A sermon illustration site on the Internet told about a group of high school students at Renaissance High School in Detroit. Some young people decided to play hooky in order to go to an afternoon rock concert downtown.
Let’s hope they enjoyed it because the next day, the DETROIT NEWS printed on its front page a photograph taken at the concert. Guess who was in the photo? Those students.
Assistant principle, Dr. Elijah Porter, was a faithful reader of the newspaper. He made good use of that which he learned that morning.

Monday, January 24, 2011

No Community

            Several years ago, a courier sent the following to READER’S DIGEST:

As a courier for an express delivery service, I tried to deliver a package that required refrigeration, but found no one home. I went to the house next door and told the woman who answered that I had a package for her neighbor. 
"Oh, she works Monday through Friday and every other Saturday," said the woman, "and some Sundays. She leaves about 7:40 in the morning and gets home around 5:30, unless she goes to the store, in which case it's closer to seven. And she's going to the store tonight because her kids are coming to visit—one all the way from California!"
            When she paused to take a breath, I asked if she would accept her neighbor's package. "Oh, no, I can't do that," she said. "I don't know her that well."

            Some people don’t want to experience community; they want to keep others at arms length. God calls for people to live in community.

Friday, January 21, 2011


I am glad we serve a God who values inner beauty over outer beauty. I can relate to a woman who told about her experiences at a beauty salon.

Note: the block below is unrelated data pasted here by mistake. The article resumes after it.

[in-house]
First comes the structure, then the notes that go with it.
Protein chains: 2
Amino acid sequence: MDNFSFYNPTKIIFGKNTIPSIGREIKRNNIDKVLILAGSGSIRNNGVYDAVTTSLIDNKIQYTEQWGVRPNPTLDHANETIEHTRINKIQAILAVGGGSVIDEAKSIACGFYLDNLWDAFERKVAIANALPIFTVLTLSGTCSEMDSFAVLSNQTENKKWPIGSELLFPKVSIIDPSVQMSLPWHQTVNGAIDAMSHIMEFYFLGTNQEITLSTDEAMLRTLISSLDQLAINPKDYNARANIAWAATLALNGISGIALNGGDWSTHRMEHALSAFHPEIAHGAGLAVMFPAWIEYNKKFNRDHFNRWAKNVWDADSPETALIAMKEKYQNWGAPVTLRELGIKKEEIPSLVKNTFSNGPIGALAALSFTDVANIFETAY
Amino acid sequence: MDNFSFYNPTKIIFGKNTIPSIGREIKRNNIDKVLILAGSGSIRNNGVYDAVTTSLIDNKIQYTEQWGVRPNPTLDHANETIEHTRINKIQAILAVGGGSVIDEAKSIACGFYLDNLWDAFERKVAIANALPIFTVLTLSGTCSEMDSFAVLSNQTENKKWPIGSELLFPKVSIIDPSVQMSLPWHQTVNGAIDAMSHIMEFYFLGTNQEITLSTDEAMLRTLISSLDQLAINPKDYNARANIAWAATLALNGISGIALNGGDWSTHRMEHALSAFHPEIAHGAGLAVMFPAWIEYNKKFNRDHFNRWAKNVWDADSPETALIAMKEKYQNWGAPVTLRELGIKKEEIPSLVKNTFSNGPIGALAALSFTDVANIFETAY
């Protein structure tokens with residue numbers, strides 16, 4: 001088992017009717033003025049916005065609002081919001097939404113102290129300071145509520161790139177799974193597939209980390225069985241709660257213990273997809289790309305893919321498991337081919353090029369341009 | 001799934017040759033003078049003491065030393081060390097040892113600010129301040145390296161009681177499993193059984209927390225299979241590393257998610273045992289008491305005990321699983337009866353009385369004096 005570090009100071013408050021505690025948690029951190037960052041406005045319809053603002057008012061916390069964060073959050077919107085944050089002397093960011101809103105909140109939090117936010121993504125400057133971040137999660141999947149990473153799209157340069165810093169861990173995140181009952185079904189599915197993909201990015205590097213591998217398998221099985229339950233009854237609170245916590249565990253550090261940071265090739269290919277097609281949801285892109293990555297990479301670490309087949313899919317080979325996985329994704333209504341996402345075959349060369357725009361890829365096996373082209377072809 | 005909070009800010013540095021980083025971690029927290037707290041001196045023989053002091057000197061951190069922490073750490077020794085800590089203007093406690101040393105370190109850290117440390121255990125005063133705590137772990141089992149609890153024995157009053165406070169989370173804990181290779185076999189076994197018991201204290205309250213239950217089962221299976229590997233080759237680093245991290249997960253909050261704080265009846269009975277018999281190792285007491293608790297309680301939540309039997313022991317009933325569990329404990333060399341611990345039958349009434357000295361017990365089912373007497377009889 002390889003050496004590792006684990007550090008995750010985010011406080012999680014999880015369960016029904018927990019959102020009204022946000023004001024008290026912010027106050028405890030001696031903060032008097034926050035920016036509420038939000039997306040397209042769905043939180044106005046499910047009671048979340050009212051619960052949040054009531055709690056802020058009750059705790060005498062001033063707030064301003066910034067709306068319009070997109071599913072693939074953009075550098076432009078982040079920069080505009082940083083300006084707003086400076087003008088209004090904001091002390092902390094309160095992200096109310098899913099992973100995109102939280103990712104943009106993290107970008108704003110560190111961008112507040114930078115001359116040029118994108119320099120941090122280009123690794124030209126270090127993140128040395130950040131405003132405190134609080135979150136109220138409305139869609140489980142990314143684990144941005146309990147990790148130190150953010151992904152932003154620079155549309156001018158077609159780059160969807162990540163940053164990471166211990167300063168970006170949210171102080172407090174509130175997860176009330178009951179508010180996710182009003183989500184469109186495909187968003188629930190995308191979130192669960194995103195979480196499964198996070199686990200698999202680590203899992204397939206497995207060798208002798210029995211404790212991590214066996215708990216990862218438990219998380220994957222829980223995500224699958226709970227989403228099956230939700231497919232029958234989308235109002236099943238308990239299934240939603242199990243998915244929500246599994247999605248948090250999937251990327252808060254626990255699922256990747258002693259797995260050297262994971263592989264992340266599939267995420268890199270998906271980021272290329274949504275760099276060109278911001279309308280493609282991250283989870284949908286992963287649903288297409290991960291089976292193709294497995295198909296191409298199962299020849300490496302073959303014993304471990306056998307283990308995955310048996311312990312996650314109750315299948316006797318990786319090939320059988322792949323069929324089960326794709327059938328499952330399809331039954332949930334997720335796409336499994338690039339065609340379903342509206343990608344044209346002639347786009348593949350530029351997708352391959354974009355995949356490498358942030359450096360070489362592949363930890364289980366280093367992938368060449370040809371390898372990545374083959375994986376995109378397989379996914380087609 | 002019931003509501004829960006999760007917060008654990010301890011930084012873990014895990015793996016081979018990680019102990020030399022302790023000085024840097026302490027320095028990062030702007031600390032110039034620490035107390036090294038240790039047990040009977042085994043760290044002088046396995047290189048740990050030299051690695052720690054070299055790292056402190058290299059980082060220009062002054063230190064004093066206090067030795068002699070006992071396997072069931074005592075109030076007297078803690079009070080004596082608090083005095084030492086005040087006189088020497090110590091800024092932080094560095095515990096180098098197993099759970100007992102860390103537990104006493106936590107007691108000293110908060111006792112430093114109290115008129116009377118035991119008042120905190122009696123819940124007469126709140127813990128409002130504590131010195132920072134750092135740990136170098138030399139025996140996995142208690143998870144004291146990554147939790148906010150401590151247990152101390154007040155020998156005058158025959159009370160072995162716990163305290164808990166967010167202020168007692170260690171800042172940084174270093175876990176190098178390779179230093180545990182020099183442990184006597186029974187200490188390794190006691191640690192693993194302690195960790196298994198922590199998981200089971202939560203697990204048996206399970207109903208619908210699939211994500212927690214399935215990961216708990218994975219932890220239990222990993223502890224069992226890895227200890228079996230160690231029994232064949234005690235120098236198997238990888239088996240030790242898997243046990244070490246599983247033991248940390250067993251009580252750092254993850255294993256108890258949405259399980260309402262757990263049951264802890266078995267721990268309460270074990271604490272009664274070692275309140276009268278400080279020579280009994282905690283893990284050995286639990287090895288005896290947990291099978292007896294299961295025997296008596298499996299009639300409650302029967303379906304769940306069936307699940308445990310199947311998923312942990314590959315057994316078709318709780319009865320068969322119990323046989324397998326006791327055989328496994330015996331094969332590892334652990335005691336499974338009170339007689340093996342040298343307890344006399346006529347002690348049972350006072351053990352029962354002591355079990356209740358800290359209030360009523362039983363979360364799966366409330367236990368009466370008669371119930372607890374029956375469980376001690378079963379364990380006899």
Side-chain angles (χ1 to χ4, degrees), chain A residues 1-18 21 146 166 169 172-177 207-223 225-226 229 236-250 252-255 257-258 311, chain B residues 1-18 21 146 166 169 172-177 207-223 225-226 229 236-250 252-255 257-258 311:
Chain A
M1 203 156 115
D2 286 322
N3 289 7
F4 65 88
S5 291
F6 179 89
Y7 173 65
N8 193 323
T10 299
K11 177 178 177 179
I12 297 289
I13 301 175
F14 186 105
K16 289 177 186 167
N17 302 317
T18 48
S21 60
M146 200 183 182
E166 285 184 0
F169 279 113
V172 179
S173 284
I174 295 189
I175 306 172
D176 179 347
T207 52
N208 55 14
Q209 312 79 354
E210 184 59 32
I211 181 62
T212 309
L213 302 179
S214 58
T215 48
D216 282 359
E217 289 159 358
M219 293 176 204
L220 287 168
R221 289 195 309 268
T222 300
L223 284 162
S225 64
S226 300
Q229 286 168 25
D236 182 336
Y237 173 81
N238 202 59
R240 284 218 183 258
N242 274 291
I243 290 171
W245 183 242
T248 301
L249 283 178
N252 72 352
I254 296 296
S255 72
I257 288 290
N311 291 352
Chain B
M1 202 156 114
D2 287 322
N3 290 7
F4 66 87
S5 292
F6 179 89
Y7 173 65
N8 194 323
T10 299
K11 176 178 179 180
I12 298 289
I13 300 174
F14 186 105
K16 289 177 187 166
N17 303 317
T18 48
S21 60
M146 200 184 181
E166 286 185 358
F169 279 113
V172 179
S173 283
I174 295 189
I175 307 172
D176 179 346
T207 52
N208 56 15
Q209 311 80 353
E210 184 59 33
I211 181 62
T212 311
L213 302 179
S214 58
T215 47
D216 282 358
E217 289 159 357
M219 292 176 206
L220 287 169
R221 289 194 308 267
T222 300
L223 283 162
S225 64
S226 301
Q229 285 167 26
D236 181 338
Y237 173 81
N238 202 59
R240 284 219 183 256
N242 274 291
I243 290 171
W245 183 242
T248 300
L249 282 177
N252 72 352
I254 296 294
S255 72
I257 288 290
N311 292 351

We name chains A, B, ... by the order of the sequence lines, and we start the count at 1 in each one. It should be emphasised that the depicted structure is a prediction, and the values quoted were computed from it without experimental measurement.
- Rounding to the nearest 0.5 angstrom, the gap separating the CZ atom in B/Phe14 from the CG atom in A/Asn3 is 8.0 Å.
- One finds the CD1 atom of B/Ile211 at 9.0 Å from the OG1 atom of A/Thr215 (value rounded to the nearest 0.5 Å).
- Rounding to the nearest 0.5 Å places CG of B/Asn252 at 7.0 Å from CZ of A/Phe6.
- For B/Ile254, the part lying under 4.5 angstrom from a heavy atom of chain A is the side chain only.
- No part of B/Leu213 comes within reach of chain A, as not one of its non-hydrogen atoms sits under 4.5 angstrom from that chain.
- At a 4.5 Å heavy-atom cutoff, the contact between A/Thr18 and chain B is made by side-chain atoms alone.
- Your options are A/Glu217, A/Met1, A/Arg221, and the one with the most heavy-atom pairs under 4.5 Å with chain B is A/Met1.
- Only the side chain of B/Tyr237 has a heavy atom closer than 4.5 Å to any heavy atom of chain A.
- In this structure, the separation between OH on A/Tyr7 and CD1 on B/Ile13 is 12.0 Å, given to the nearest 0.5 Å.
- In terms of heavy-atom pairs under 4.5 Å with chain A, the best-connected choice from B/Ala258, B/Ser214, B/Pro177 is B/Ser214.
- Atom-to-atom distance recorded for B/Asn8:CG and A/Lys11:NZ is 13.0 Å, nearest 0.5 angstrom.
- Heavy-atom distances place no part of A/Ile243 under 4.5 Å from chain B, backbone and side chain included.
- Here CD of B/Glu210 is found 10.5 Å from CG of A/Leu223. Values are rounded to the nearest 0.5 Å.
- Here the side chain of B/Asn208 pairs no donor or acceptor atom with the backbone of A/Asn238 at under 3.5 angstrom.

She was in need of a beauty make-over, and told her story like this:

I went to my salon with a fashion magazine photo of a gorgeous, young, lustrous-haired model. I showed the stylist the trendy new cut I wanted and settled into the chair as he began humming a catchy tune and got to work on my thin, graying hair.

I was delighted by his cheerful attitude until I recognized the melody. It was the theme from "Mission: Impossible."

Can you relate?

Thursday, January 20, 2011

True Encouragement

           The following story was sent to me in the 1990’s. Credit was given to:

Nido Qubein from Chicken Soup for the Soul Copyright 1993 by Jack Canfield and Mark Victor Hansen.

            Some of the greatest success stories of history have followed a word of encouragement or an act of confidence by a loved one or a trusting friend.
            Had it not been for a confident wife, Sophia, we might not have listed among the great names of literature the name of Nathaniel Hawthorne.    
            When Nathaniel, a heartbroken man, went home to tell his wife that he was a failure and had been fired from his job in a customhouse, she surprised him with an exclamation of joy.       
            "Now," she said triumphantly, "you can write your book!"                    "Yes," replied the man, with sagging confidence, "and what shall we live on while I am writing it?"       
            To his amazement, she opened a drawer and pulled out a    substantial amount of money.       
            "Where on earth did you get that?" he exclaimed.        
            "I have always known you were a man of genius," she told him. "I knew that someday you would write a masterpiece. So every week, out of the money you gave me for housekeeping, I saved a little bit. So here is enough to last us for one whole year."        
            From her trust and confidence came one of the greatest novels of American literature, The Scarlet Letter.

            A form of the word “encourage” occurs over fifty times in the NIV version of the Bible.  God’s word places importance on encouragement.

Wednesday, January 19, 2011

Will the Proud Father Please Stand Up